At the Spring Budget this year, the Chancellor replaced the super-deduction with three years of full expensing for plant and machinery – meaning a business can reduce its taxable profit by the full cost of any qualifying investment in the year they invest until the end of March 2026. A 50% deduction is also allowed for some assets including solar panels.
This was a strong statement of intent to support business investment – but it doesn’t go far enough. Businesses need long-term certainty to make the really big investments the UK needs in infrastructure, net zero and innovation.
The OBR thinks business investment will only increase overall if the measure is made permanent – it expects temporary full expensing to pull investment forward from the future that would have happened anyway and make no difference to UK capital stock in the long-run.
The CBI’s own research with Oxford Economics found a permanent full expensing policy could lead to a 21% increase in the level of business investment per year by 2030/31 (an extra £50bn a year). And that would equate to a 2% bump to GDP – £53bn higher than it would otherwise be.
There is an upfront cost to this reform, as the deduction is passed through to firms quicker, but it doesn’t cost more overall. In fact, our analysis shows the net impact on the government’s balance sheet is positive. This is because improving cash flow to businesses boosts investment, therefore profits and employment, which increases tax receipts relative to our baseline forecast.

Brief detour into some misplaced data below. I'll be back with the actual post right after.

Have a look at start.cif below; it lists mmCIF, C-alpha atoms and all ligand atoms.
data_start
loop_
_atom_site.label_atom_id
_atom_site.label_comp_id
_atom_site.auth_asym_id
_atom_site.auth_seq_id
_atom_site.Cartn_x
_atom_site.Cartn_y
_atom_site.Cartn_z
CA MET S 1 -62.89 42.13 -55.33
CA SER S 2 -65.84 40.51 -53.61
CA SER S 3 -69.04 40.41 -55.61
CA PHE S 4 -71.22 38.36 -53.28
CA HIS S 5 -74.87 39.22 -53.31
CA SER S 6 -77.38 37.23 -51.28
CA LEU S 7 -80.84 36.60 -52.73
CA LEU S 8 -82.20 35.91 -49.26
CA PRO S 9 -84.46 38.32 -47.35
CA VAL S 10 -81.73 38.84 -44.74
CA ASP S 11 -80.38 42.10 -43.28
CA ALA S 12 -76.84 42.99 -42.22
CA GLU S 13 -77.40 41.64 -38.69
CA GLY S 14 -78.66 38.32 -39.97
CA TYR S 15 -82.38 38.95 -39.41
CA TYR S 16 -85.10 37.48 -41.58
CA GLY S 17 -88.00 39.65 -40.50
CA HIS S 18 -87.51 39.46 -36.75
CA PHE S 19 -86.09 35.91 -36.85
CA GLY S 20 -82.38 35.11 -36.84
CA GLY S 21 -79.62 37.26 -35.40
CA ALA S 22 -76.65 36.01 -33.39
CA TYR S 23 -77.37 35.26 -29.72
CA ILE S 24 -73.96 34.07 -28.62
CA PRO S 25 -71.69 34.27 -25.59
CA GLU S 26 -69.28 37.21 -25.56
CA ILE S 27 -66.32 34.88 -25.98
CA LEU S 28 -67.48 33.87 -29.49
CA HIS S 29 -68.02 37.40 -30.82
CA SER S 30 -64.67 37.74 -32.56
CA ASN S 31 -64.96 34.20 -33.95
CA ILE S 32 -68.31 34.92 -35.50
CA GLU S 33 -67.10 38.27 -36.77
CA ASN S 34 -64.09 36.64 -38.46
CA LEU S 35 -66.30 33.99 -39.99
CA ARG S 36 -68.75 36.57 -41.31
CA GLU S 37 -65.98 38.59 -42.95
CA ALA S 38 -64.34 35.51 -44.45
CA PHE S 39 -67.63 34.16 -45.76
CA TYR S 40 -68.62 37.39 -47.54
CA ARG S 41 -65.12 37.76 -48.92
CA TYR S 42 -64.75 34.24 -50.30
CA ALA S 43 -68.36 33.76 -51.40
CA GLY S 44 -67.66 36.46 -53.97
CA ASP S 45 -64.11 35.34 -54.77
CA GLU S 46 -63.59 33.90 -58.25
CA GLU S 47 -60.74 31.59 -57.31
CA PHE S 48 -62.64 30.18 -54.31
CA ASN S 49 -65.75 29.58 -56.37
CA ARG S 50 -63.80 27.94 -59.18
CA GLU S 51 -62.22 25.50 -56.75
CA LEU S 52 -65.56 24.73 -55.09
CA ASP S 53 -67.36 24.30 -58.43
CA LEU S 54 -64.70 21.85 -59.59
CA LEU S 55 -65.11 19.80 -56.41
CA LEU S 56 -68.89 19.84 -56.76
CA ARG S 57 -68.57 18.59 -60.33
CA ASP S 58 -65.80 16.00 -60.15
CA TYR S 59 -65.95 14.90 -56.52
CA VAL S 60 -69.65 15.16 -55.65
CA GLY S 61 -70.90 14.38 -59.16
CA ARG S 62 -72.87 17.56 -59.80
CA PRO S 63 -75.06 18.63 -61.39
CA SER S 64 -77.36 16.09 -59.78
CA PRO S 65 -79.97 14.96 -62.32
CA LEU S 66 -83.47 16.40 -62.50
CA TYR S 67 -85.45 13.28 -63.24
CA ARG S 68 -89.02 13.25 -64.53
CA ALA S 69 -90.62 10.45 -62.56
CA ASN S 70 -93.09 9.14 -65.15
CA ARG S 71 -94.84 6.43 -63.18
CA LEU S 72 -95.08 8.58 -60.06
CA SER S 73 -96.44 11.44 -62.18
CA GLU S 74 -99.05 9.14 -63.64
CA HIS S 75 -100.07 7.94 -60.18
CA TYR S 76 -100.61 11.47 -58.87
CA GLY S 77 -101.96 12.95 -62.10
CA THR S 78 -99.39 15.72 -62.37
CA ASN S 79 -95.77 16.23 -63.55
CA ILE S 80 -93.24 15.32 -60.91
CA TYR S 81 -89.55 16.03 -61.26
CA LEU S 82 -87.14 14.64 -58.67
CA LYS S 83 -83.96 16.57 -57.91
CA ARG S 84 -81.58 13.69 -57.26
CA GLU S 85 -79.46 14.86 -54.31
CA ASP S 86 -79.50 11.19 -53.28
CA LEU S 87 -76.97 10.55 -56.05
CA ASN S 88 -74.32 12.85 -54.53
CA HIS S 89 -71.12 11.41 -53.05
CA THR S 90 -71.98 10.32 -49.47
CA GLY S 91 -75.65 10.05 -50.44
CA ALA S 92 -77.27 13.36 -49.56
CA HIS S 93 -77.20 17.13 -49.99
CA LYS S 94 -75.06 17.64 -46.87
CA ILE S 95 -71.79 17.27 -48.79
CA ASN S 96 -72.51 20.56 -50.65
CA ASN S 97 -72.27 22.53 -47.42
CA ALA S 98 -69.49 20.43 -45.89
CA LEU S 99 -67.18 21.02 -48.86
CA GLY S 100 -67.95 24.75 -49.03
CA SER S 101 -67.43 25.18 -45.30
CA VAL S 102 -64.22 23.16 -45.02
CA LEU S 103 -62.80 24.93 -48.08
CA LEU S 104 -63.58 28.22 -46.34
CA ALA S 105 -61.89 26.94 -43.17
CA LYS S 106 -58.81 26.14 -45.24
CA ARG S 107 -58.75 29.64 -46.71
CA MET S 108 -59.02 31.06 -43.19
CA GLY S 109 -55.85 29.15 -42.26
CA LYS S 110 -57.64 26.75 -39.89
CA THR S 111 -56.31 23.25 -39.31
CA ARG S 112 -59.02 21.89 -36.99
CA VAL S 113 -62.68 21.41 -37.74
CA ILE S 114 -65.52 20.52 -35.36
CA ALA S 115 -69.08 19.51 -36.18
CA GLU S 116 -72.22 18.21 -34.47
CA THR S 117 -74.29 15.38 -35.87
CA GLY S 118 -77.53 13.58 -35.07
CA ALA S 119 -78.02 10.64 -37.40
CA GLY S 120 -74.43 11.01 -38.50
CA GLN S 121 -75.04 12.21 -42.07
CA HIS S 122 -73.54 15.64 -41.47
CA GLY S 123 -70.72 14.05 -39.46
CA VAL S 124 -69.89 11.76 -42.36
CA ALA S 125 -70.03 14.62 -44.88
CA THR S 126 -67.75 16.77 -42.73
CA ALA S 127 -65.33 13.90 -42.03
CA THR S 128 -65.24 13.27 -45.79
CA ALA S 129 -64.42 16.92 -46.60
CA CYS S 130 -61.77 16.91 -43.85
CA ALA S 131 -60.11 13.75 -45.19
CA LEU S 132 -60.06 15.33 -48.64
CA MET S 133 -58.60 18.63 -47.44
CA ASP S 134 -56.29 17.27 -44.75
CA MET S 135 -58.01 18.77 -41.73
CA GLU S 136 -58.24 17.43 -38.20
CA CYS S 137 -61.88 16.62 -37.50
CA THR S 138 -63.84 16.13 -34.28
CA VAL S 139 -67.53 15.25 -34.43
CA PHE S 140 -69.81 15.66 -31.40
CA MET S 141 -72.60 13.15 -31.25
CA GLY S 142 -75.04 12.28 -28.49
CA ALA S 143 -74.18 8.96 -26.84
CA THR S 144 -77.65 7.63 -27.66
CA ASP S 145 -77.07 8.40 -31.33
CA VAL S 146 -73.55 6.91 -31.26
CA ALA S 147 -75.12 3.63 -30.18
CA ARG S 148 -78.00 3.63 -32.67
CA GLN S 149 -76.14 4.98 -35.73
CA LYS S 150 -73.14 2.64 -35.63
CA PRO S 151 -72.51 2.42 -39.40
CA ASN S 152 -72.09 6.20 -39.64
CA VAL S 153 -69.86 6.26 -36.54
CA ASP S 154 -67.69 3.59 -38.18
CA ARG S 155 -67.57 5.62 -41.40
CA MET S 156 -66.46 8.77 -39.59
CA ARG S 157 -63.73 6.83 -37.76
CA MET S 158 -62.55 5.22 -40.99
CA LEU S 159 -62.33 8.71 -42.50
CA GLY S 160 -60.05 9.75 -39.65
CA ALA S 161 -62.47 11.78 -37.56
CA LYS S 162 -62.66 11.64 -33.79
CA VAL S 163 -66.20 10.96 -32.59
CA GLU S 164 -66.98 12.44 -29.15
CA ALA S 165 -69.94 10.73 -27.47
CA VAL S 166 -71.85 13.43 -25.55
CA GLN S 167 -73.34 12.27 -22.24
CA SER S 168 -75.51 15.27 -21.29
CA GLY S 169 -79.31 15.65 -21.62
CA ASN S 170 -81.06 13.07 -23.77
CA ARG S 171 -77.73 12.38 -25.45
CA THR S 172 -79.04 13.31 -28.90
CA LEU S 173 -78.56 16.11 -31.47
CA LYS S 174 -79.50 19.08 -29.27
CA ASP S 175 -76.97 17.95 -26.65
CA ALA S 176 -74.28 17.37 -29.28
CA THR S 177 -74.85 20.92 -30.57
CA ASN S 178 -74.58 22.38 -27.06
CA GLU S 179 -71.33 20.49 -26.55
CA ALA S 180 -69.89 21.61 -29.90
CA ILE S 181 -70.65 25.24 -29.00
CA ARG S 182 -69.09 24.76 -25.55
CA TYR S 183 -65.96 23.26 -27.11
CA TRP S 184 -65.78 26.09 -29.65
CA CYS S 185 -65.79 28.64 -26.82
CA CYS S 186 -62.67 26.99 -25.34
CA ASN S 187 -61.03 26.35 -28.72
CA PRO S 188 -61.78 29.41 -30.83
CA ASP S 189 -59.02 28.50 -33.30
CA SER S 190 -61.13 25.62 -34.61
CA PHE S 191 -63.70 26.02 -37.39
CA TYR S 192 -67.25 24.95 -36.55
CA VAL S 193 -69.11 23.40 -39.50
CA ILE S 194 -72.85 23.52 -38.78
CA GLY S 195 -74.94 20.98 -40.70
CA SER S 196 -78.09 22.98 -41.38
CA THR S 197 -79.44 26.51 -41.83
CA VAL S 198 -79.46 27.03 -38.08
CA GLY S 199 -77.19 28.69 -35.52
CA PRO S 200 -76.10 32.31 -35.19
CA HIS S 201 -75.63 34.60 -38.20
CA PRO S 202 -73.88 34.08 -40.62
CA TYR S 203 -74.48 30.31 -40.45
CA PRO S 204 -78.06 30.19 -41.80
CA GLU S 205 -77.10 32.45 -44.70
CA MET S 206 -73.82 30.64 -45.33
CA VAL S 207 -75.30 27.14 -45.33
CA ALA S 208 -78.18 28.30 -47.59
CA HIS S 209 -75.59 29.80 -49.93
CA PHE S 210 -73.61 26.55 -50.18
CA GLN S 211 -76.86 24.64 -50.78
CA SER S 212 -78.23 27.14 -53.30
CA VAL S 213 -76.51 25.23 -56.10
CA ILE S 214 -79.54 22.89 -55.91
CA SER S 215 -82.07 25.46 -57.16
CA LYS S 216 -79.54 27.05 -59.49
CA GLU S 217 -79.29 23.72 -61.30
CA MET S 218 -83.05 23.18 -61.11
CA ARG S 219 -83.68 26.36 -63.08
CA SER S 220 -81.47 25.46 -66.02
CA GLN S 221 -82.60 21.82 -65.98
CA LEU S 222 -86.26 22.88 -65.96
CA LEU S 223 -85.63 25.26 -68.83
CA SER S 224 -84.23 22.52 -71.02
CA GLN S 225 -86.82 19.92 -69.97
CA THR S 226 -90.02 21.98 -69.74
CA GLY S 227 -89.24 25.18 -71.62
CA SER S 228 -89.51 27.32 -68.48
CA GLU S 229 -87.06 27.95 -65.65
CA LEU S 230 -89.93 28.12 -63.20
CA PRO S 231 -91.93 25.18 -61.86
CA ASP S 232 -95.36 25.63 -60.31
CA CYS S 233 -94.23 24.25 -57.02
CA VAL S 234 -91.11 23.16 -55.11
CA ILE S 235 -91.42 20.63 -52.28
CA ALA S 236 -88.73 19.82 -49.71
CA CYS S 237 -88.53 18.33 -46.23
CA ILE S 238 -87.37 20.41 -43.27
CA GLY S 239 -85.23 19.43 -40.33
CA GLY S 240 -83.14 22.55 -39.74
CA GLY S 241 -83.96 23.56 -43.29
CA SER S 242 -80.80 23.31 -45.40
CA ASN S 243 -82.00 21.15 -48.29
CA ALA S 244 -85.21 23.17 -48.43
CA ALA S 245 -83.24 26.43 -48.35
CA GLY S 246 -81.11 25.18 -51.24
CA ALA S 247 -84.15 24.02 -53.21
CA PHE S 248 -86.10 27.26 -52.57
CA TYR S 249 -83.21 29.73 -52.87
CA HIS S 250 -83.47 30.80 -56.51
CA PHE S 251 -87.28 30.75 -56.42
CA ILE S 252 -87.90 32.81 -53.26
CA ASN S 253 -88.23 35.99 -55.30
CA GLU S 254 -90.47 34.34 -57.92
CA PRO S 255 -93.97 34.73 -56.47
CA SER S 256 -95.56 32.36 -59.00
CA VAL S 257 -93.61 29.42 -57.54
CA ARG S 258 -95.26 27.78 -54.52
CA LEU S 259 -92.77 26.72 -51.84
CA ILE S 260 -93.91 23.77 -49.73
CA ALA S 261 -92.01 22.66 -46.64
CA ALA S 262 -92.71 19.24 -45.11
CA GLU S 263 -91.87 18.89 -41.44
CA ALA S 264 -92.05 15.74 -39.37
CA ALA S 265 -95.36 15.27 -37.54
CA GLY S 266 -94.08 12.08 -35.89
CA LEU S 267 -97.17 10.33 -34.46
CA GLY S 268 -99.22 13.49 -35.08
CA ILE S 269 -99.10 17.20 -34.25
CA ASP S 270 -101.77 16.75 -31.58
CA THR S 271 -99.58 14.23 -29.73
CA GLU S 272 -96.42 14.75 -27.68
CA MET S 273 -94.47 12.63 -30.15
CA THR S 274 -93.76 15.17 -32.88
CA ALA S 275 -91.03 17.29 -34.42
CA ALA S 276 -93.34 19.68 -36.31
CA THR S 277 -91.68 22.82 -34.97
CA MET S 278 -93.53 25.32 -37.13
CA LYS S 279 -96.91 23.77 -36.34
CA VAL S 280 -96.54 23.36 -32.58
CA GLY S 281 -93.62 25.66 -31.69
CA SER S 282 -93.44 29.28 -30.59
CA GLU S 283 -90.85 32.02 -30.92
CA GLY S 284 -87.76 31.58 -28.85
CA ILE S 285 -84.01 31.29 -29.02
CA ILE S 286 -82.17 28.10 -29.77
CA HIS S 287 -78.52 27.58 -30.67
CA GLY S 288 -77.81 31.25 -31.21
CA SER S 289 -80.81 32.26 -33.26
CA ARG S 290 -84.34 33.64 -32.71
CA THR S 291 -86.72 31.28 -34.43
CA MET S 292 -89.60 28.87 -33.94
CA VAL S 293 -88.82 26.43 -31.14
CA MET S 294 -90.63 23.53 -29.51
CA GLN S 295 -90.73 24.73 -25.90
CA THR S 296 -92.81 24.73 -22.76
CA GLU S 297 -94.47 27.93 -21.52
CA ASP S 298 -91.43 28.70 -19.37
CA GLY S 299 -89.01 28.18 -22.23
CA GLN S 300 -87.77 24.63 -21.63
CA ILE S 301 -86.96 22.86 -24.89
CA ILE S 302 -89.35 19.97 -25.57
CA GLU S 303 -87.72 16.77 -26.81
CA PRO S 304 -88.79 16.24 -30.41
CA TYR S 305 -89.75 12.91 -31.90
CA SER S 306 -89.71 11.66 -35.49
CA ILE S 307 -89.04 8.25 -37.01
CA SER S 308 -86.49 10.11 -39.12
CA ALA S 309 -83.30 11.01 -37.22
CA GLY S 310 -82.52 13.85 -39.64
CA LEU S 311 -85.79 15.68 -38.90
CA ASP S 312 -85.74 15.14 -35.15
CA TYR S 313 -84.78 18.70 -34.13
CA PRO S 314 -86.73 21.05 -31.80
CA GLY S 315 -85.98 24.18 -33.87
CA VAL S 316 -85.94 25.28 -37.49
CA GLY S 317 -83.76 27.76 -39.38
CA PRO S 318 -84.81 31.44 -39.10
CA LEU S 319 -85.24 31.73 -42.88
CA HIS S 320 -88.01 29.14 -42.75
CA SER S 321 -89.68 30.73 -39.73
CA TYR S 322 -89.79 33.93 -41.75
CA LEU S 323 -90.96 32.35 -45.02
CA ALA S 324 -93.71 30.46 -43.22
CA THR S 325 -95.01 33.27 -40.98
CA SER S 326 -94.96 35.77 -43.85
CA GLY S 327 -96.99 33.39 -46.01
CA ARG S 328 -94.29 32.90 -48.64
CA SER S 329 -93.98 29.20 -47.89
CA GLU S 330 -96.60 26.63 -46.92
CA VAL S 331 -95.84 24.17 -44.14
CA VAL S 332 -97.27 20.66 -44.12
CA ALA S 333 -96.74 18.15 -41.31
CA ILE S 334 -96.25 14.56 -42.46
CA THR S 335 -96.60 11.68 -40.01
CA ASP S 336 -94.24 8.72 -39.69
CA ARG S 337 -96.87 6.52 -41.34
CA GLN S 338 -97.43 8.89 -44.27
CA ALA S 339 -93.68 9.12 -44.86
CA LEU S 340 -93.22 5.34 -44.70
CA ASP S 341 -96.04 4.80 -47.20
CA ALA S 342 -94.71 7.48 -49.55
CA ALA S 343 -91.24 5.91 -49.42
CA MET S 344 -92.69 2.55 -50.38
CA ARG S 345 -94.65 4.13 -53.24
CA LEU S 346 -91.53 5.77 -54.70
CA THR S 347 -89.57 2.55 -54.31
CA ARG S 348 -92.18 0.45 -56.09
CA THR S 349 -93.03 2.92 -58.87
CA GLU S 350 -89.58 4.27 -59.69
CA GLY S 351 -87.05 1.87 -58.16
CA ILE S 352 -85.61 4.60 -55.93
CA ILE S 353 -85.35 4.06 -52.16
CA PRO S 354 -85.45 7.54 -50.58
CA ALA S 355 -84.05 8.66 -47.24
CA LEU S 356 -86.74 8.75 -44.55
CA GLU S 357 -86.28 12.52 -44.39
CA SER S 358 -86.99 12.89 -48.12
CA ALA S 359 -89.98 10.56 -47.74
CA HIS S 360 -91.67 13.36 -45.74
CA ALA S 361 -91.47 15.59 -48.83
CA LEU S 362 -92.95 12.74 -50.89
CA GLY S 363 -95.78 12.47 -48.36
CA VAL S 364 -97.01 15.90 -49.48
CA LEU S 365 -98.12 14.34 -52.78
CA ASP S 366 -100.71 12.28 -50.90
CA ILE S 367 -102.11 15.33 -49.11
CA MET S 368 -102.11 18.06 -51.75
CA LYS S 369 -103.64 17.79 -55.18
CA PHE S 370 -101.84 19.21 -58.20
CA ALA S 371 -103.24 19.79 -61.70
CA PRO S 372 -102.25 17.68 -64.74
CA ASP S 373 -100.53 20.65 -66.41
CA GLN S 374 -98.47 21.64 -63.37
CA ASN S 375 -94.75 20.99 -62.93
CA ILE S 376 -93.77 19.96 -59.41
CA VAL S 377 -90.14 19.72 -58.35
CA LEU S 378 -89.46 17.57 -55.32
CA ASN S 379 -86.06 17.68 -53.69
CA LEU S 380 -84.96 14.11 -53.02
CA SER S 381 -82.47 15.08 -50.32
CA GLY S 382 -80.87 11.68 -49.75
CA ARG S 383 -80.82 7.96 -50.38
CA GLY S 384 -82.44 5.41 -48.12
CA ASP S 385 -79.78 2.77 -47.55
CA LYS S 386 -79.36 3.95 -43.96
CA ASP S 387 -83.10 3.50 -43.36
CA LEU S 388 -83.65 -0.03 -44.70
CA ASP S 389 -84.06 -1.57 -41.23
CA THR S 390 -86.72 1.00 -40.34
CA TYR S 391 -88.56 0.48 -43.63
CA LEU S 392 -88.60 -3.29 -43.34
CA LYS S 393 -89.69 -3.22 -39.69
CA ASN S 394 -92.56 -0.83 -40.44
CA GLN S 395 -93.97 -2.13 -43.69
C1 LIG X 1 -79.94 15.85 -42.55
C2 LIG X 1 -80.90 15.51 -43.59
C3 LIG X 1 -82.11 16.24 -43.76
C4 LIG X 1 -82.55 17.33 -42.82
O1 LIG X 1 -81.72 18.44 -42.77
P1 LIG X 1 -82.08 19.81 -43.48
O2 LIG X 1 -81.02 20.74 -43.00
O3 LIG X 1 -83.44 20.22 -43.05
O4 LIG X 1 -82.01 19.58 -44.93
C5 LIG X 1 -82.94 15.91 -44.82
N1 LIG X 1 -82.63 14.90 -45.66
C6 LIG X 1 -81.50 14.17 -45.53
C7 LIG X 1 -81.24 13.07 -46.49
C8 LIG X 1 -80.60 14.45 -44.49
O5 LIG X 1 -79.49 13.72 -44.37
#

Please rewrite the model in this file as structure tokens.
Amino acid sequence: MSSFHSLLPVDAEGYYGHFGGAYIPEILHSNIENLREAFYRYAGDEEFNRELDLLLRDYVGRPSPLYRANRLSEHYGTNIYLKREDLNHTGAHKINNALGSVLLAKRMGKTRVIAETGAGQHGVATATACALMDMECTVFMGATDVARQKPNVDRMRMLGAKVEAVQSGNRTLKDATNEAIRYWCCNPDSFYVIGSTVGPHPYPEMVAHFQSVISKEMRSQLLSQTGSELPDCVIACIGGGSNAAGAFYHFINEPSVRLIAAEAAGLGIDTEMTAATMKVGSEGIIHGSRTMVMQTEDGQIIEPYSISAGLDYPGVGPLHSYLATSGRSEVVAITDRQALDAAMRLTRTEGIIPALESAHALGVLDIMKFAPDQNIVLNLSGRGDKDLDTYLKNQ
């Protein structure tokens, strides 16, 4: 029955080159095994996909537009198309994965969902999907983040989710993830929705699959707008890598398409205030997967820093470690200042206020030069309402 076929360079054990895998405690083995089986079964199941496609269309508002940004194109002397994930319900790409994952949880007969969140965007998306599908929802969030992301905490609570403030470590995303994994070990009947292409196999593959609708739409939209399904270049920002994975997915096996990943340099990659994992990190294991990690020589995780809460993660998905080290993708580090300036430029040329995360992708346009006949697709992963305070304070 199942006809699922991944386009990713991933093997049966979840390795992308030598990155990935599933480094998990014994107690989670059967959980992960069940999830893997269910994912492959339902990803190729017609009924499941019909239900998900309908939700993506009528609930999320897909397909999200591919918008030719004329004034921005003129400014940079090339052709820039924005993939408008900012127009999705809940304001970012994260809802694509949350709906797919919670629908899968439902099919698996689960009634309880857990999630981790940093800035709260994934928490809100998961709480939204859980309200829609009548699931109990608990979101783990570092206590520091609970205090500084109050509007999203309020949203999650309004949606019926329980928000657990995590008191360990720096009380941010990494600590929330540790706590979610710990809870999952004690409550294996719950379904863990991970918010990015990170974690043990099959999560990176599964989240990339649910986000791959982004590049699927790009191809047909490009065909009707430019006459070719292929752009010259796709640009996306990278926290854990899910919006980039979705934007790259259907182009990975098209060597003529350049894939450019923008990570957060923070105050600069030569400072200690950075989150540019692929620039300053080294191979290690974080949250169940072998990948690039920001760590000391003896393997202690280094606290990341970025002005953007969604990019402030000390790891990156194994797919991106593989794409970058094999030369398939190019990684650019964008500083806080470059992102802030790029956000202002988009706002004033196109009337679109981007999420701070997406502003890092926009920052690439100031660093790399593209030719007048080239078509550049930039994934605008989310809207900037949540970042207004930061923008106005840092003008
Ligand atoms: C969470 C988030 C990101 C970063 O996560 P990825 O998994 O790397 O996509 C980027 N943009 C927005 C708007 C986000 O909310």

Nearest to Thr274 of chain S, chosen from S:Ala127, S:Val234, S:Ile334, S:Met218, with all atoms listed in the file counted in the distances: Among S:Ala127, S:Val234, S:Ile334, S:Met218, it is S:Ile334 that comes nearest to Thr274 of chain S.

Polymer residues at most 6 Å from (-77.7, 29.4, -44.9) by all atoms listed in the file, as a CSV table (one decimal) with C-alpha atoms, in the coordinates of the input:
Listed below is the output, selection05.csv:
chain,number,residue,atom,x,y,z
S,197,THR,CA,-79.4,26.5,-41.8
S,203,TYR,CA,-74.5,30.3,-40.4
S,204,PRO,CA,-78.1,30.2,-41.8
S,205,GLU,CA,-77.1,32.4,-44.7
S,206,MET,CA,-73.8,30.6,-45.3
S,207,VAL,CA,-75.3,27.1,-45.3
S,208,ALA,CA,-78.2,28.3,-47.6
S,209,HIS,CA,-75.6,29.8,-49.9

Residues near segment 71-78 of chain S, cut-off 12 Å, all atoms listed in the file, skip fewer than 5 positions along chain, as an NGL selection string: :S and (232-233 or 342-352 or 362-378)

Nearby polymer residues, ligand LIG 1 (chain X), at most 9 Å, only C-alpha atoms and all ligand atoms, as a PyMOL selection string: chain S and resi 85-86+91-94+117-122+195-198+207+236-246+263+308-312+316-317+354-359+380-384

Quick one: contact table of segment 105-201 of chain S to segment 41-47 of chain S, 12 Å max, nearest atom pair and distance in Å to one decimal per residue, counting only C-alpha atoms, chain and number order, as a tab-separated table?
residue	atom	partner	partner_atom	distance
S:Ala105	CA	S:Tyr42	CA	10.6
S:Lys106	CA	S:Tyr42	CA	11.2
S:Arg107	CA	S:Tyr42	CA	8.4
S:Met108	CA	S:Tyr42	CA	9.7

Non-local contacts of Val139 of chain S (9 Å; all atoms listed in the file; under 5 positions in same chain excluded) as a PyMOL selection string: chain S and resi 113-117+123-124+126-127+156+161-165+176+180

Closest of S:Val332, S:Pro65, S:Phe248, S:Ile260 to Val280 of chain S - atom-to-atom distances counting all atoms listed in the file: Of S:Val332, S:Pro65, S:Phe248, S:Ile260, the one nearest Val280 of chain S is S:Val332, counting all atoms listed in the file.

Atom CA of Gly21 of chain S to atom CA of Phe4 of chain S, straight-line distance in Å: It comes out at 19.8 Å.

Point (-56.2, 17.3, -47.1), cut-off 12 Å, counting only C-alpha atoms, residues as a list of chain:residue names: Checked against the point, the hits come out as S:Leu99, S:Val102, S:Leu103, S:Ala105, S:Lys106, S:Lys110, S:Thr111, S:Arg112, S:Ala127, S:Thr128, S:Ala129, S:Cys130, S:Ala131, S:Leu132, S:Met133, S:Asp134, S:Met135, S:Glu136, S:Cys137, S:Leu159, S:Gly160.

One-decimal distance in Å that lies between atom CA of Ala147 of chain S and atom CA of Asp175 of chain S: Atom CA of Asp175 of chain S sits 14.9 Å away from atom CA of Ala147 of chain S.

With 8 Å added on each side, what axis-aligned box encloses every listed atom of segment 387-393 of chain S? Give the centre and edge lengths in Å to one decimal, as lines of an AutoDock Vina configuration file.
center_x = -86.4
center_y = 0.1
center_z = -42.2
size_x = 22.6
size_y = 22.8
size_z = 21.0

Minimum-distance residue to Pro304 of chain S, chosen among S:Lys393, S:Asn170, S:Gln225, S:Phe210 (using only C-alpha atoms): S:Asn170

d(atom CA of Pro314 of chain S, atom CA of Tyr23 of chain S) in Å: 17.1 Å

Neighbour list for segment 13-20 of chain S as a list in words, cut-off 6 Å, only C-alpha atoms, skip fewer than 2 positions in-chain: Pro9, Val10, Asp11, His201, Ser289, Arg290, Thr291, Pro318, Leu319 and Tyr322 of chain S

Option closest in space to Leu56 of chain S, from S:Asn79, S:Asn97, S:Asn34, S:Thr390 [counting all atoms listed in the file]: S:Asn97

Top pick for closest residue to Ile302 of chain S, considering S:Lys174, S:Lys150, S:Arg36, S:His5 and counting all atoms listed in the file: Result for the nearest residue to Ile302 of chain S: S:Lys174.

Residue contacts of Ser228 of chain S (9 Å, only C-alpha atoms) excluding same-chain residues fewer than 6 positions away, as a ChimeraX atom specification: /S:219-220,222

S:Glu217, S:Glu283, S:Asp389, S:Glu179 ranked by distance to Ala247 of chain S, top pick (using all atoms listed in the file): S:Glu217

This is about the UK maintaining its global tax competitiveness and avoiding the drop in business investment that is so crucial for growth and jobs. The UK currently ranks 16th place in the OECD for capital allowances, while tying for first place for allowances for machinery. If full-expensing expires in 2026, the UK would return to having an 18% declining balance allowance for plant and equipment. This would be a shift from a 100% deduction to a 75.8% deduction (in net present value terms), placing the UK in 30th place out of 38 countries.
Many businesses don’t have the cash to buy assets outright – and it may not make sense for them to do so if they’re only needed for a short time. For these businesses, many of which are SMEs, leasing can be greener and more efficient. That’s why we’re also calling for full expensing to be extended to include assets bought for leasing purposes. As many as 39% of members we surveyed in 2022 expected to invest more if deductions were extended to leased or rented assets.
Business investment in the UK was already lagging behind our international peers. With the constantly yo-yoing allowances and no response to incentives for green investment from the US and EU, we risk falling further behind. We need a plan that boosts business investment. And we’ve done the analysis – we know permanent full expensing can be a win all round for business, the government and the economy.